Local ornithologists conduct annual counts of the Tyne Kittiwakes to monitor changes in population.

Recording the Tyne Kittiwakes

Living as I do at the coast of North Tyneside, once my interest in birds had started at a young age it was inevitable that I would focus on our coastal and Tyne birds. Early visits to the seabird cliffs of Marsden Bay, South Tyneside, held a fascination and my link with Tyne nesting kittiwakes progressed too. In my early birding years, I made observations of the kittiwakes nesting at the Brewery Bond Warehouse, North Shields, where Dr John Coulson and his students undertook pioneering studies on the ecology and behaviour of kittiwakes.

Every year, from the 1970s into the 2000s, I recorded colour-ringed kittiwakes visiting North Shields fish quay, mostly birds ringed at the nest by John and his Durham University colleagues. There came a time when my interest expanded into annual monitoring of all the birds and nests of which I was aware along the Tyne. I received guidance from John and based my methods additionally on those of the Seabird Colony Register. I surveyed nesting kittiwakes at Marsden Bay in 1985-87 which fed into a full national report in the book ‘The Status of Seabirds in Britain and Ireland’ (Lloyd, Tasker & Partridge 1991). My Marsden results were also included in a 1990 paper by Harris & Wanless (Breeding success of British Kittiwakes Rissa tridactyla in 1986-88: evidence for changing conditions in the northern North Sea. J. Appl. Ecol. 27:172-187).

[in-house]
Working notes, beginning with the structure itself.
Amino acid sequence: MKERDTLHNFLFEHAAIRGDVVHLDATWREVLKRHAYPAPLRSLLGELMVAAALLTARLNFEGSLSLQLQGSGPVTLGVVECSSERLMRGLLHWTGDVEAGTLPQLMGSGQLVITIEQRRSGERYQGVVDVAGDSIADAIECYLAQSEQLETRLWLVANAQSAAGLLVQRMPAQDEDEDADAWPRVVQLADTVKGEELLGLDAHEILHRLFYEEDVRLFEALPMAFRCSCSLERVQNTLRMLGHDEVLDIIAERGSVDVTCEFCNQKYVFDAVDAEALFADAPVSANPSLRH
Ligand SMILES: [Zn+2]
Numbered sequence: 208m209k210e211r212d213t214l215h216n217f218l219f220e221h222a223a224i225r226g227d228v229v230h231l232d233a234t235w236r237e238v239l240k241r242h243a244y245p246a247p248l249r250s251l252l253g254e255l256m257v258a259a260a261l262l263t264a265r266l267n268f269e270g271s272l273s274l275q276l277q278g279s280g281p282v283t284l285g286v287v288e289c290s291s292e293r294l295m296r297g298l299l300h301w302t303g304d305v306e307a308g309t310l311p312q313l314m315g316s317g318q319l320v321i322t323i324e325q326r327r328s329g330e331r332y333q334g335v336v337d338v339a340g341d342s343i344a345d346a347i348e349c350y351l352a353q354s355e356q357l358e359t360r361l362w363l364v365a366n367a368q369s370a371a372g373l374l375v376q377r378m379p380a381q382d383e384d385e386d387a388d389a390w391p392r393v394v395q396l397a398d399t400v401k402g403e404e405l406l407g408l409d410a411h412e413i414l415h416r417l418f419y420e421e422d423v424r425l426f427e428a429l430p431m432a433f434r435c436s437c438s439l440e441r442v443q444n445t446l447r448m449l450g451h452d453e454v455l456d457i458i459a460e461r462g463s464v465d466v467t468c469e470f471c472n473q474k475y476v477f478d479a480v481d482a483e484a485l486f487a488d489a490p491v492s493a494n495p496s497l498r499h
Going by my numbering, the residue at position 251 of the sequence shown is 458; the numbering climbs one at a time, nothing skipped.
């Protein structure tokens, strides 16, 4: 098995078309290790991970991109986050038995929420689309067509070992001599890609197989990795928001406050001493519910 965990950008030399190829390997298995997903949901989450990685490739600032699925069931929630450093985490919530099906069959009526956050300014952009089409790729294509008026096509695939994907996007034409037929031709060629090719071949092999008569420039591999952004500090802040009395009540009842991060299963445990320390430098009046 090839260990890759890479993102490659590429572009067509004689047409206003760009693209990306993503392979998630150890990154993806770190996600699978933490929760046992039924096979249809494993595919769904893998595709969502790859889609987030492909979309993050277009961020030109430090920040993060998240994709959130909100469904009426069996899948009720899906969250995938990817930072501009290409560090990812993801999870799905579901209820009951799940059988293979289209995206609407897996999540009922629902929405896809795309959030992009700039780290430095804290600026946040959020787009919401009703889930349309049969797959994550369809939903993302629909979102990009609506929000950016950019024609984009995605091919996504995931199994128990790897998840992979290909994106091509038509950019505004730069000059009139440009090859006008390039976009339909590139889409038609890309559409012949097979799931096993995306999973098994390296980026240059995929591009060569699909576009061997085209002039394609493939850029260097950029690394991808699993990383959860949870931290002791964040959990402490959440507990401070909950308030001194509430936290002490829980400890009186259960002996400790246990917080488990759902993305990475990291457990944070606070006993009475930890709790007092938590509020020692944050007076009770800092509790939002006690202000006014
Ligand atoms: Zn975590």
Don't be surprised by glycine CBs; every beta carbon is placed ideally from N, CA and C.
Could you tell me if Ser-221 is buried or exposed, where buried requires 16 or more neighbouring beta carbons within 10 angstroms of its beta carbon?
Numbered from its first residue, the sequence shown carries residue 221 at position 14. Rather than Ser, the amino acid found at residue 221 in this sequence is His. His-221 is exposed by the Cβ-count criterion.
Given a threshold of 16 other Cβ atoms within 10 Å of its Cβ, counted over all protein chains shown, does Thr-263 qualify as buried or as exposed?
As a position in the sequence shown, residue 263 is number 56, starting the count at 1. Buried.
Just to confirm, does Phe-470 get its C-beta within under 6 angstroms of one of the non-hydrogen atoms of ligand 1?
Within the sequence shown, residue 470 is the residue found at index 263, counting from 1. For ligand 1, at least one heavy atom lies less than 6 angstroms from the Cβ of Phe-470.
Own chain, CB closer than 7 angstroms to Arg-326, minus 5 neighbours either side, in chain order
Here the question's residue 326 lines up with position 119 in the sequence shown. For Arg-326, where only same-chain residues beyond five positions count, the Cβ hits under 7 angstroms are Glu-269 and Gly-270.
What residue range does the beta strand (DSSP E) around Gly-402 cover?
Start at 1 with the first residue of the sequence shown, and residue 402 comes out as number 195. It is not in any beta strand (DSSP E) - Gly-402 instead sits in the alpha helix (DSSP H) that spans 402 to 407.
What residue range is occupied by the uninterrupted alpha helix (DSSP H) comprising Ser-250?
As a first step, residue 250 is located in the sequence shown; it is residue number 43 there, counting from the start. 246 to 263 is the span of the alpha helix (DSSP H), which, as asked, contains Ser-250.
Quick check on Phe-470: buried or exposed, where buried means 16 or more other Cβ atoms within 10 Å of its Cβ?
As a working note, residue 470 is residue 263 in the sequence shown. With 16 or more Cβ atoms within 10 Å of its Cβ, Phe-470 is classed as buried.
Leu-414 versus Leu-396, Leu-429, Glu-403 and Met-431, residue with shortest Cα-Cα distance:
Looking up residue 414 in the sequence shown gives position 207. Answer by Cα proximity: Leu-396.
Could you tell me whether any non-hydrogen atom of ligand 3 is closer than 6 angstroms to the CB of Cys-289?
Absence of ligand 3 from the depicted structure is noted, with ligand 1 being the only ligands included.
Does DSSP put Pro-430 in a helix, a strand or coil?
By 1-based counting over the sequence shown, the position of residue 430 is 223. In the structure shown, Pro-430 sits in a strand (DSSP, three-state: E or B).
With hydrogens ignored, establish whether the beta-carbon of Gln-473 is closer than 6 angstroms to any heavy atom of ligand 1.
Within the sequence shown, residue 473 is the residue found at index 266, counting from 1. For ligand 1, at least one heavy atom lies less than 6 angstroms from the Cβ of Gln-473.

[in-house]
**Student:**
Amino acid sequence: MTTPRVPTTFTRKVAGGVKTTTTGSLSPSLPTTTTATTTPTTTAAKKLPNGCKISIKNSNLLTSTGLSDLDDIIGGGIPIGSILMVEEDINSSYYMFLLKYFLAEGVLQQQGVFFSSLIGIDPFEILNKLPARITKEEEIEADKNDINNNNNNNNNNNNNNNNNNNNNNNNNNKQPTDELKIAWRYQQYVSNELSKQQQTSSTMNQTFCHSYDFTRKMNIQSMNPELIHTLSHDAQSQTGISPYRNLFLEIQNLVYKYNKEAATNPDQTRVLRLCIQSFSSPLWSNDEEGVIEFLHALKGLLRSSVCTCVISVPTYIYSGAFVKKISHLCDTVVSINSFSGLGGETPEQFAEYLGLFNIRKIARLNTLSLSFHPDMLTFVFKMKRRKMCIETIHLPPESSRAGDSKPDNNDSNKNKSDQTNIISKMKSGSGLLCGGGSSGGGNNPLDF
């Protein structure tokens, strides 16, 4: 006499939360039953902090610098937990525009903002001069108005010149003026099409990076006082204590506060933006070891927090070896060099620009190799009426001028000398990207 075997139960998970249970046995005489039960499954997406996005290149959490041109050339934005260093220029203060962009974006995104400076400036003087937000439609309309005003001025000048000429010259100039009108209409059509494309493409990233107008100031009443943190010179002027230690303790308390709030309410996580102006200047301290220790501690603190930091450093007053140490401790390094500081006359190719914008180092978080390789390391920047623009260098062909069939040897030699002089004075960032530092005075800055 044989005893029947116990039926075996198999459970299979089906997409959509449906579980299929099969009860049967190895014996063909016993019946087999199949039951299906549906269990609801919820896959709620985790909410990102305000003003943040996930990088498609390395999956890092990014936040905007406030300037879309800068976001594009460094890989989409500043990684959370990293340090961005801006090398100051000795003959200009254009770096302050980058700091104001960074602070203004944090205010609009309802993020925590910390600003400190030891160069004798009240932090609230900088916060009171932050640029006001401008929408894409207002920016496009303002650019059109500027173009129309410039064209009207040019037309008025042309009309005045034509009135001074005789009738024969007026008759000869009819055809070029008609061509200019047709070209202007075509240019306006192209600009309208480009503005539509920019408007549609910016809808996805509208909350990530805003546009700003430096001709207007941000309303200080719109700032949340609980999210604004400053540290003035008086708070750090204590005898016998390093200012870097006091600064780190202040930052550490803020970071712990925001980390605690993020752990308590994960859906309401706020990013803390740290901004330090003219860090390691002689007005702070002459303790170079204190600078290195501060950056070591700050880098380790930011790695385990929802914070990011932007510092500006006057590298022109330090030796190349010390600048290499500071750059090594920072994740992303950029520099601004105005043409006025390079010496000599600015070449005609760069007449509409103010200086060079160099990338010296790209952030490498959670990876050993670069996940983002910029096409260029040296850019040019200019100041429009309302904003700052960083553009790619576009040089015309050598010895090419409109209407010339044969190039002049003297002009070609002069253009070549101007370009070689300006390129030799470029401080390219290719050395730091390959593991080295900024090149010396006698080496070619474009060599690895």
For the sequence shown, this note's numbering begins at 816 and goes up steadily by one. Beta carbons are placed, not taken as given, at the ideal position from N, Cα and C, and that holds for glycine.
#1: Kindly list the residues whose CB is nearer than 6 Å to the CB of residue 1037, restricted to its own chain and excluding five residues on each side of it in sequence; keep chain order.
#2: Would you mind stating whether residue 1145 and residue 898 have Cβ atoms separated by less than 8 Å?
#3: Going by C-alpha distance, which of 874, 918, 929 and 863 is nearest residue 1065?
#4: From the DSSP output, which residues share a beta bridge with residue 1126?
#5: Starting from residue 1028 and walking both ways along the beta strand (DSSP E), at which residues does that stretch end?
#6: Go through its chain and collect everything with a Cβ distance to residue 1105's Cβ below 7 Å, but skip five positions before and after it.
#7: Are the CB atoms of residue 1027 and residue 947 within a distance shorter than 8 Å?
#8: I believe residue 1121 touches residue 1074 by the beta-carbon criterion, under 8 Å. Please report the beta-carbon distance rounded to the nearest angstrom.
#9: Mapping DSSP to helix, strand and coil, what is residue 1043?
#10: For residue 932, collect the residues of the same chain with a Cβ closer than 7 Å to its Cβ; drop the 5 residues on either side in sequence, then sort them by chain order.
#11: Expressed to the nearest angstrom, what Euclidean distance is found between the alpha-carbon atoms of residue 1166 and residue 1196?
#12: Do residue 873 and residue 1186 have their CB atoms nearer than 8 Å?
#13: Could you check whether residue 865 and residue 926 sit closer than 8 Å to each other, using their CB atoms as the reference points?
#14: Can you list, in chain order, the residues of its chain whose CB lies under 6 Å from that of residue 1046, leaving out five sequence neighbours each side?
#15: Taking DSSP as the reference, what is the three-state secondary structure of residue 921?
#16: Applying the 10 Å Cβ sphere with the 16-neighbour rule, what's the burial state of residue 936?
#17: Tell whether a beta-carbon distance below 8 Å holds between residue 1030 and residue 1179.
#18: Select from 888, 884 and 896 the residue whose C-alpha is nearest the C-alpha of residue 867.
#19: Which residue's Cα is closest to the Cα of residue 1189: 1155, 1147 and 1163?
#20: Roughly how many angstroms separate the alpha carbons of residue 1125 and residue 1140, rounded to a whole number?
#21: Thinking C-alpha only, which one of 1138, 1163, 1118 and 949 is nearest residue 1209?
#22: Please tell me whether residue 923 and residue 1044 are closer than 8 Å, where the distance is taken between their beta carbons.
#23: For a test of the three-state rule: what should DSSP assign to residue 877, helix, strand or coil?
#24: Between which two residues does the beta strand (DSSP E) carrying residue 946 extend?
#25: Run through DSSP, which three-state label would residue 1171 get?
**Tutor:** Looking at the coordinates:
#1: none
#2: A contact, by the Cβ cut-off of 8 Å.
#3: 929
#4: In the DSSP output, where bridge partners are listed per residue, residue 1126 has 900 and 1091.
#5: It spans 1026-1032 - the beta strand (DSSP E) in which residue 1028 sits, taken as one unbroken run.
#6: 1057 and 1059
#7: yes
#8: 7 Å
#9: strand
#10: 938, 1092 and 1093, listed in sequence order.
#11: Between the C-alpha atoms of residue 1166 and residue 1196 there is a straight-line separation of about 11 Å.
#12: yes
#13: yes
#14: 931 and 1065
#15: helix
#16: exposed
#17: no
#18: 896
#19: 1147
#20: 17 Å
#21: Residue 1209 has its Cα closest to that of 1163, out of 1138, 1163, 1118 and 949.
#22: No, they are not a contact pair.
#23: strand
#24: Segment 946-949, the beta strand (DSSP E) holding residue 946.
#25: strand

Since 1994, my Tyne nesting kittiwake monitoring has continued annually, evolving and growing as numbers of birds and nests have changed and increased. My holidays from work would be timed to fit with each kittiwake season, recording nests and young at different times. Helping to survey the gulls we have Dr Kathy Evans who has been monitoring at Akzo Nobel since 2015. In addition, the Northumbria Ringing Group rings chicks and some adults at the Saltmeadows kittiwake tower, Gateshead, most summers. I find this gull incredibly interesting and think it is important that we record them carefully in order to learn more and help them on their way. Our Tyne kittiwakes have gained more general interest from people, too. The kittiwake is normally a fully-marine species breeding on cliffs, I still find it intriguing how they have found their way up the Tyne and manage to nest here very successfully each year on buildings and other structures some nine miles from the sea.

Daniel Turner, April 2019

Kittiwake © Ian Cook

Population Data

See these links for recent and historic population data on Tyneside’s urban kittiwakes.